5. An immigration application cannot be submitted until all required supporting documents are provided. Not to do so will create processing delays due to returned applications or requests for information. Document collection can be done very quickly, within a day or two, or can extend for weeks. It all depends on the organization and focus of both the employer and the potential employee to provide the required documentation and information. Be educated and organized about the documents you and your potential employee will need to provide. The faster the required documents can be provided the faster the application can be prepared and filed
    6. Certain countries, occupations, or a combination of both, are required by immigration to undergo additional background security checks. If you are in a business area that may be affected by this you will need to calculate this into your timing expectations.
    7. If your candidate’s profile contains any issues that may make them inadmissible to Canada, although it still may be possible for them to obtain a work permit, processing of the application will be significantly delayed. In this case it may be prudent to identify another resource for an immediate project and schedule the affected candidate for projects further in the future.
    8. Sometimes life just happens and you don’t have the time to do the required background work listed above. In these cases, it is possible to have a work permit application receive expediated processing however a strong business case must be made to support the request. The decision to expedite is a discretional one made by the reviewing immigration officer or applicable IRCC program manager. These requests should be made only when the situation is critical as companies generally end up working with the same group of immigration officers on a regular basis and chronically repeated requests, even if reasonable, will get denied.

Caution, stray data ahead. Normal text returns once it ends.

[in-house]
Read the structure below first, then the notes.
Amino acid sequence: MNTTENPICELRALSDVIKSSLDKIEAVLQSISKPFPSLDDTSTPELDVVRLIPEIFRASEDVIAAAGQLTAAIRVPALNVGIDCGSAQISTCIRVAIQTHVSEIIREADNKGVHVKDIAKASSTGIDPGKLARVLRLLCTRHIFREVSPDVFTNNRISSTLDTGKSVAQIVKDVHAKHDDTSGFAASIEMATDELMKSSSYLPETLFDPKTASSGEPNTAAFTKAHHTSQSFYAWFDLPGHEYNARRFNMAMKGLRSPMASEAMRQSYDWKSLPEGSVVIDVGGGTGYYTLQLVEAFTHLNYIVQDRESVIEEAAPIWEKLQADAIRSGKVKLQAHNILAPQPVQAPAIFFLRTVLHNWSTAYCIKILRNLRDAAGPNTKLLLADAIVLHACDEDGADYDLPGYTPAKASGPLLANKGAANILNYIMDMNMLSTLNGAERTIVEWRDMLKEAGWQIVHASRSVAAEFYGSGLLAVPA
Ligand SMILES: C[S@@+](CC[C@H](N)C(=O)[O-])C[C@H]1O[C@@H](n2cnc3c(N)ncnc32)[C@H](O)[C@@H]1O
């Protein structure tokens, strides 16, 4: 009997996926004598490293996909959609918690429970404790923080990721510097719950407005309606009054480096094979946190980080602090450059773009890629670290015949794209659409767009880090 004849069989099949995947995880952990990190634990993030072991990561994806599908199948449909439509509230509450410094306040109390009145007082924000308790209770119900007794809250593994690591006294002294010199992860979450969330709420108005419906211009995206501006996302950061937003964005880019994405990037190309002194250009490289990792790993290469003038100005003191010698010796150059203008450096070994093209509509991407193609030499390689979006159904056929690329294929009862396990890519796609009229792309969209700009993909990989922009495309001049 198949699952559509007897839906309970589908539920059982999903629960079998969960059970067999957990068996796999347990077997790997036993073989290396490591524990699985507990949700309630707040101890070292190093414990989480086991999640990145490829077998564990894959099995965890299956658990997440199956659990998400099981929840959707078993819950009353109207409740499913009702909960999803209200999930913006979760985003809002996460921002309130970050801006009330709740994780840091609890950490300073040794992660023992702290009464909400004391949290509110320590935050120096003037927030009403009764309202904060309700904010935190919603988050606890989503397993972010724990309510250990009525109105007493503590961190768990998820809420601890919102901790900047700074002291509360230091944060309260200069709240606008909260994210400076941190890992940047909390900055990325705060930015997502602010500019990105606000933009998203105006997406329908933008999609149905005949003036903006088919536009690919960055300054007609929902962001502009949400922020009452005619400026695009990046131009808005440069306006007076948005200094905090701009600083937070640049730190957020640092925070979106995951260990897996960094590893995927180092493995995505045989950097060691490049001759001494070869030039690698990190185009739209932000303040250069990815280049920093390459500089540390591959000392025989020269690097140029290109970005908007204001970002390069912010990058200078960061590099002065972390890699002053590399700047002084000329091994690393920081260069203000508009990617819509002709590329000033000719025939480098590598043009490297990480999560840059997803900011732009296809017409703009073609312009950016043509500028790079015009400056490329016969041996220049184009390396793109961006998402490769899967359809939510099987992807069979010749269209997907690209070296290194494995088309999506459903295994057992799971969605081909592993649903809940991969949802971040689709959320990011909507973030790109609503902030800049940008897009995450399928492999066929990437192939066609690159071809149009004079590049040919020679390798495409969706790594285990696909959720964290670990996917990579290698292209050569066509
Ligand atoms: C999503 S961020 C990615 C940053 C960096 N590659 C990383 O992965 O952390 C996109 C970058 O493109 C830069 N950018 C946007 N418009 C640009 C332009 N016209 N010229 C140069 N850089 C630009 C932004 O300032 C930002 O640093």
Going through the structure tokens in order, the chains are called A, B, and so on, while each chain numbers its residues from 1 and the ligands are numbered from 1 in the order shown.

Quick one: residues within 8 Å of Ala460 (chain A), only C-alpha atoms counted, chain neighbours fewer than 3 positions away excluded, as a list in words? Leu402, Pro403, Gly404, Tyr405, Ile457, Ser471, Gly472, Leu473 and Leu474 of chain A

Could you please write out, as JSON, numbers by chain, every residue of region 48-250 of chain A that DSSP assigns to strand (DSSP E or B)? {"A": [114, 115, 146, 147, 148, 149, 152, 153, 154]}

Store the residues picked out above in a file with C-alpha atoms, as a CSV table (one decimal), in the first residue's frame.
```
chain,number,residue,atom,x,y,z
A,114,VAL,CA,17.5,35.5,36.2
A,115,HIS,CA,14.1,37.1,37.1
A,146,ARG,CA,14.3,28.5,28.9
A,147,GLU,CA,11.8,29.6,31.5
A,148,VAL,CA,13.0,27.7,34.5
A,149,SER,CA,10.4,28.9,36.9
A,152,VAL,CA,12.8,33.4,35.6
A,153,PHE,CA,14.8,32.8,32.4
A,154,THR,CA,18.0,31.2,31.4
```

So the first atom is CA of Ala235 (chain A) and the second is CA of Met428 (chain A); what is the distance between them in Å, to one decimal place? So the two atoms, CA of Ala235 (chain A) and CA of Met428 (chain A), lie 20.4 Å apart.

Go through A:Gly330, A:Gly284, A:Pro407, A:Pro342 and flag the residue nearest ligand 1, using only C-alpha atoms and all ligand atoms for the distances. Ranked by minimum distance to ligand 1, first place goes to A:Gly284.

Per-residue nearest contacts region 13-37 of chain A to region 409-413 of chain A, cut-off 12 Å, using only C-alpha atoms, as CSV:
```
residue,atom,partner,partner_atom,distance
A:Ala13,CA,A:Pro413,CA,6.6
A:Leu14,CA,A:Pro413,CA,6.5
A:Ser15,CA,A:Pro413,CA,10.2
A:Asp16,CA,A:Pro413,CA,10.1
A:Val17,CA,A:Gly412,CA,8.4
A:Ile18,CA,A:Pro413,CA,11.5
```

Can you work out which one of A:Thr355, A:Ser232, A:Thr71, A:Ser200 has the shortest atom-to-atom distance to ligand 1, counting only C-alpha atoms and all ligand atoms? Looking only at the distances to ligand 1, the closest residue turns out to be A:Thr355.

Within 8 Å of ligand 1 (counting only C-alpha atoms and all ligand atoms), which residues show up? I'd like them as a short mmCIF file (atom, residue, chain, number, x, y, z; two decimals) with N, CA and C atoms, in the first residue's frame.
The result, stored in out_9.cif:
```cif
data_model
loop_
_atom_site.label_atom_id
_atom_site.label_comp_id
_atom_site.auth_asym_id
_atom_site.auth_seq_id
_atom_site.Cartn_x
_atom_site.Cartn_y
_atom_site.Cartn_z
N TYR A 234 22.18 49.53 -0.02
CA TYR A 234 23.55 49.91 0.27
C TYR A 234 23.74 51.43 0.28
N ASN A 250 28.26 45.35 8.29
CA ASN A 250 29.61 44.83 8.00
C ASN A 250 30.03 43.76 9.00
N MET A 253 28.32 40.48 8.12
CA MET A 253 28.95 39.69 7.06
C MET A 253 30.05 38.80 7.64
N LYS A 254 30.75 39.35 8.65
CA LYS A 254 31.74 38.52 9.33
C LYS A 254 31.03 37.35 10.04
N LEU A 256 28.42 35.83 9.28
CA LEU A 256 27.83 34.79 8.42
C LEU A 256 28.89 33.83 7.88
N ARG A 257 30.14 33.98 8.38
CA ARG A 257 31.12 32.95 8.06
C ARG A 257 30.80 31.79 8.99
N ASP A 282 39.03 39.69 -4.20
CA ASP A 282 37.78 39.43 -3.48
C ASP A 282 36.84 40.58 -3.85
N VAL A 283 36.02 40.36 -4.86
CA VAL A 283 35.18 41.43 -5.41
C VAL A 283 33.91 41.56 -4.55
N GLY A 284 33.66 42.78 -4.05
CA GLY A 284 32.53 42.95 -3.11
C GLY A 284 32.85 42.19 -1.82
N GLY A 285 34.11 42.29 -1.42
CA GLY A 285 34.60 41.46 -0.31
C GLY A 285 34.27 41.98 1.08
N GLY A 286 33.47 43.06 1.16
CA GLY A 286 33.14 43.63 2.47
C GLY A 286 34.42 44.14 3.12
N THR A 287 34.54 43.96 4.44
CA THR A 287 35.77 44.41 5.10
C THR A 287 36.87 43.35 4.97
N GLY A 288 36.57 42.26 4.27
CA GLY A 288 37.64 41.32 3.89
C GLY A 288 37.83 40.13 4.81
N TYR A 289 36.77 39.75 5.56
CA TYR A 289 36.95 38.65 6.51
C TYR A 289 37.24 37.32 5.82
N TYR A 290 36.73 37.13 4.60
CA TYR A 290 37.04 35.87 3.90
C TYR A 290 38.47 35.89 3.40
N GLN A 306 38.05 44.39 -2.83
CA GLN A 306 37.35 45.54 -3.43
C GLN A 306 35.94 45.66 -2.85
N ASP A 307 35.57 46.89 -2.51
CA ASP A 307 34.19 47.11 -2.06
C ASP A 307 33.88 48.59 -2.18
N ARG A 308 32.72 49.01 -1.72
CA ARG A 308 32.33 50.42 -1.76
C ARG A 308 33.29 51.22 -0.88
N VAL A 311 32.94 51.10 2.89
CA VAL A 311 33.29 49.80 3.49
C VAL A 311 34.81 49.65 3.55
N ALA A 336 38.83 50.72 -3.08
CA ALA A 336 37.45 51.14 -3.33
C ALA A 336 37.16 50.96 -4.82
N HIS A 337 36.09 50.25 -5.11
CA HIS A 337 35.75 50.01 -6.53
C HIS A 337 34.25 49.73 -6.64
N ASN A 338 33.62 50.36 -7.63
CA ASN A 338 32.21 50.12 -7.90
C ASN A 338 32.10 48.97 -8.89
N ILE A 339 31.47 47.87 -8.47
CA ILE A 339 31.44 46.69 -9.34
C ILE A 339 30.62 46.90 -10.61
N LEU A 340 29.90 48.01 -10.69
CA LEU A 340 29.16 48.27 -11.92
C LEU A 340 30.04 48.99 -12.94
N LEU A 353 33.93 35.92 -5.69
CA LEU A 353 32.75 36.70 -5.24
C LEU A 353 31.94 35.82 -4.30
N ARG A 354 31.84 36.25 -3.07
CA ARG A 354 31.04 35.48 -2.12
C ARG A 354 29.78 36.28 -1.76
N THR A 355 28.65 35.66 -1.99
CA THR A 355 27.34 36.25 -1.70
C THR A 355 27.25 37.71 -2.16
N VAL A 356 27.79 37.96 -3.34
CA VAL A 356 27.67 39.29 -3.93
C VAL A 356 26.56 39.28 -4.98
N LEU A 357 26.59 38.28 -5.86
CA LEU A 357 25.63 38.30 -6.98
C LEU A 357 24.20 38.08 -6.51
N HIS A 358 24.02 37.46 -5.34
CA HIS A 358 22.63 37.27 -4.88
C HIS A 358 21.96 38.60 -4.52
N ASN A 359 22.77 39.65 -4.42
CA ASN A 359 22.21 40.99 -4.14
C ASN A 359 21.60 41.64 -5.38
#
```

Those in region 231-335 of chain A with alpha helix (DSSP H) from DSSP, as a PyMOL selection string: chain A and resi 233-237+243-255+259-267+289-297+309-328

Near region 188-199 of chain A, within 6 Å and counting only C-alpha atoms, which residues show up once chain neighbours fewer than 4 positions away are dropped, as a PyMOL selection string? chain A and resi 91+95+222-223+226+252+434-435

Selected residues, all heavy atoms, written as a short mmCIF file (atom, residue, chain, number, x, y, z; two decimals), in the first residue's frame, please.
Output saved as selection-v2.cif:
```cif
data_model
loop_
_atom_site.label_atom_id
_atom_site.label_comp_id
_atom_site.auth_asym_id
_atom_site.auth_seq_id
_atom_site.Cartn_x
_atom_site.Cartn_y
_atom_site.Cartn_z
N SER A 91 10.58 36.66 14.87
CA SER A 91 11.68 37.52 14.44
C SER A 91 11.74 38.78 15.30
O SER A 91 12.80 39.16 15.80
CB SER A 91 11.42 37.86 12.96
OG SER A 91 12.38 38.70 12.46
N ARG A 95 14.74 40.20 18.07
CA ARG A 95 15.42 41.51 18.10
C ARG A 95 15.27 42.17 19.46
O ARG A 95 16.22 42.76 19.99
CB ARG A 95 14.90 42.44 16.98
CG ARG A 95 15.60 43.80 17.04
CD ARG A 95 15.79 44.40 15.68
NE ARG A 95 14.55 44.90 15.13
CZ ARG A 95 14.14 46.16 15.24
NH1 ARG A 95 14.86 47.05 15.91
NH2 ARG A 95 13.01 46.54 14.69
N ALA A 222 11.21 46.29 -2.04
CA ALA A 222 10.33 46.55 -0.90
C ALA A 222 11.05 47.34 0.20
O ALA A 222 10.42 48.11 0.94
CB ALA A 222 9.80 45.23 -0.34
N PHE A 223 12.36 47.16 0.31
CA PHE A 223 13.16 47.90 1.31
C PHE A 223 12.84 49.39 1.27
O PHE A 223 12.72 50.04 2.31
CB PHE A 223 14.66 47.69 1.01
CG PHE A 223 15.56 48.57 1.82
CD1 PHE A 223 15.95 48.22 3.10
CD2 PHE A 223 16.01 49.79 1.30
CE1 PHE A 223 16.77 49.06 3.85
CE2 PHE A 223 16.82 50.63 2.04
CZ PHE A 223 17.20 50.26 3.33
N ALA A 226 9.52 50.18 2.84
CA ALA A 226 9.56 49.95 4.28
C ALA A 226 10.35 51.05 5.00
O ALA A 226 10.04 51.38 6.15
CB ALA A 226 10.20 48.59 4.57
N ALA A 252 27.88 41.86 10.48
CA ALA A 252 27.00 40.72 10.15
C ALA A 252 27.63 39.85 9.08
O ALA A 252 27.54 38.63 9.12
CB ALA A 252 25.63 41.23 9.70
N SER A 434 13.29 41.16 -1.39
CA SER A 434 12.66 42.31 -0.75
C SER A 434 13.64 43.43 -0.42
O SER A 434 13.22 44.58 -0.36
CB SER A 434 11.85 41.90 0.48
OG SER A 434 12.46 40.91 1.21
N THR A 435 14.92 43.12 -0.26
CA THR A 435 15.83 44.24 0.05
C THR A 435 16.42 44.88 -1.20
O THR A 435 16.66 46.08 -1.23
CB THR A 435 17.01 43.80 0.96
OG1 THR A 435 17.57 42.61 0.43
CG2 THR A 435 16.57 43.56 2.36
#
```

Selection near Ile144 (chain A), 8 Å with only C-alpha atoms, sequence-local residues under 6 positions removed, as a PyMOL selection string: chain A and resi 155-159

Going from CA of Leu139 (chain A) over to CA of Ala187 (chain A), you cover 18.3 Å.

9. request for expedited processing cannot overcome application requirements, such as to complete a medical examination, bio-metic checks, or to undergo security checks. Although an application may be prioritized out of the general cue, these milestones must be completed before an application can be approved for a work permit.
    10. The most important thing that you can do in this process is to remember the immigration first and not last. Immigration is generally the last thing that managers think of when planning a project. The immigration process takes time, but if structured well it can be completed while the other parts of the planning and scoping phases are being completed. If the immigration considerations are left to last, they can significantly affect the successful outcome of a project.

As you can see above, it is important for the business and the immigration provider to have a dynamic dialog throughout this process. You should leverage your immigrations providers knowledge and experience in order to identify potential problems early so that they can be properly managed. They can also help create and facilitate a process that works well for your business needs.

 

To book a free 15 minute consultation with Sarah, click here or call us at 1 844 4CEOLAW or #CEO on your cell.